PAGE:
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[en] First ATLAS searches for signals of Supersymmetry in proton proton collisions at the LHC are presented. These searches are performed with the full data sample recorded in 2010, corresponding to an integrated luminosity of 35 pb-1. Results for various channels with large missing transverse energy and different lepton and jet multiplicities are reported. A search for long-lived strongly interacting particles is also presented. Good consistency with the Standard Model prediction has been found in all channels; limits on squark and gluino masses are derived, which considerably improved previous results.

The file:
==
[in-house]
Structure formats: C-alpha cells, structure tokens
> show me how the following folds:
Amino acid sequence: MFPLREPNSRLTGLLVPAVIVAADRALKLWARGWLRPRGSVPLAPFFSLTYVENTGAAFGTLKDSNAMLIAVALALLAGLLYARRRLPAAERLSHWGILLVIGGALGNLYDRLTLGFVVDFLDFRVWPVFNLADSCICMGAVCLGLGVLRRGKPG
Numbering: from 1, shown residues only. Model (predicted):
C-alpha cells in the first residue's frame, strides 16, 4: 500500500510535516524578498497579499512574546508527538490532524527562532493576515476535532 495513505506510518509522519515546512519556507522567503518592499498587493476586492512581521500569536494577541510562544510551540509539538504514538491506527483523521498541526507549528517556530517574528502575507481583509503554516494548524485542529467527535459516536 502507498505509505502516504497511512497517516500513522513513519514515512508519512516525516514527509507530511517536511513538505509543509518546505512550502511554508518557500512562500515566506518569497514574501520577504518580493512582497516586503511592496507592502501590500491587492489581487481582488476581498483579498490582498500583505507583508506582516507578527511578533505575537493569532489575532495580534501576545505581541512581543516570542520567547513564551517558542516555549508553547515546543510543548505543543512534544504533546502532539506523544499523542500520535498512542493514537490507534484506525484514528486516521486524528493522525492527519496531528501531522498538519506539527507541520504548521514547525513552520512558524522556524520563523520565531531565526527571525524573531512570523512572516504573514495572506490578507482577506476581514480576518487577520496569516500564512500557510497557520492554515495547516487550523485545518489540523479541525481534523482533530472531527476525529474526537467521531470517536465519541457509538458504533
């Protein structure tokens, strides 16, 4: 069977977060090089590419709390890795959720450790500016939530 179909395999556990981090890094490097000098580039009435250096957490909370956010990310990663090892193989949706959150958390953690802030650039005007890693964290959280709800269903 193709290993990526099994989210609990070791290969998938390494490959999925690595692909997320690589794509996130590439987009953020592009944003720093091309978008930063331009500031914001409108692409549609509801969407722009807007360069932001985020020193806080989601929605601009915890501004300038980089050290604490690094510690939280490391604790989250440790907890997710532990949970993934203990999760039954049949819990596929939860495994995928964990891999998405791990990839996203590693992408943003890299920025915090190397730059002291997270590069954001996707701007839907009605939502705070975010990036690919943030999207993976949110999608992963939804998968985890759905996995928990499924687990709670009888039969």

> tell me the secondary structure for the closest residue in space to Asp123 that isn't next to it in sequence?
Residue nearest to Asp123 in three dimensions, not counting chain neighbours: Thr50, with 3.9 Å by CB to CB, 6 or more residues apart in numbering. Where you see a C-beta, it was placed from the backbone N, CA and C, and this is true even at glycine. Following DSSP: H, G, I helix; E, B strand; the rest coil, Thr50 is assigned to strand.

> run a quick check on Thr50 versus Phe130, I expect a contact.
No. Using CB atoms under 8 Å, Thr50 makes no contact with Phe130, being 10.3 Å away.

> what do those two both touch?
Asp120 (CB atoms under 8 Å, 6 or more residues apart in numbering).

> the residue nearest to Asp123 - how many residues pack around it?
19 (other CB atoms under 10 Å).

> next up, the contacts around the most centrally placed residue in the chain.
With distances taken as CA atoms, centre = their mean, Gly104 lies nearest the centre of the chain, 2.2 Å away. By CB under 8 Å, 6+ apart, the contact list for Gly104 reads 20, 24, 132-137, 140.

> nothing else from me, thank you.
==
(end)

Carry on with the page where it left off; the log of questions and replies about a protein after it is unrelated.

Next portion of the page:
[en] The Intersecting Storage Rings (ISR) was the world’s first proton collider and formed a bridge between the fixed-target experiments at the relatively low energies prior to the 1970s and the high-energy frontier at the colliders of today. The machine, which worked with protons, deuterons, alpha particles and anti-protons, was at the forefront of technology in many fields and catalysed a rapid advance in accelerator technologies and techniques, including vacuum systems, precision power converters, superconducting quadrupoles, and especially the renowned stochastic cooling. These developments have resulted in the ISR having had a profound legacy to its successor machines – the Super Proton Synchrotron, the first proton-antiproton collider, and the LHC, CERN’s current flagship accelerator at the forefront of particle physics research at the highest energies. Moreover, owing to the challenges posed by the environment of the proton collisions for the physics under study, there were also many developments for particle detector techniques at the ISR. In particular, the use of ‘Roman pots’ for the positioning of detectors close to the circulating beams was demonstrated, as was the widespread use of multi-wire proportional chambers, cylindrical drift chambers and the use of liquid argon in calorimeters. Last but not least, the ISR made contributions to the understanding of fundamental particle physics processes. In particular, the study of hadronic interactions advanced QCD as the theory of strong interactions. The experiments also showed that the proton-proton total cross-section was not constant with energy. These results are still the subject of research today at the LHC. We are privileged to have had contributions at this colloquium from some of the key people of the ISR, 40 years after the first proton-proton collisions. We heard directly from them how the achievements at the ISR were realised, insight that will be of assistance in discovering new aspects relevant to the future of research in particle physics.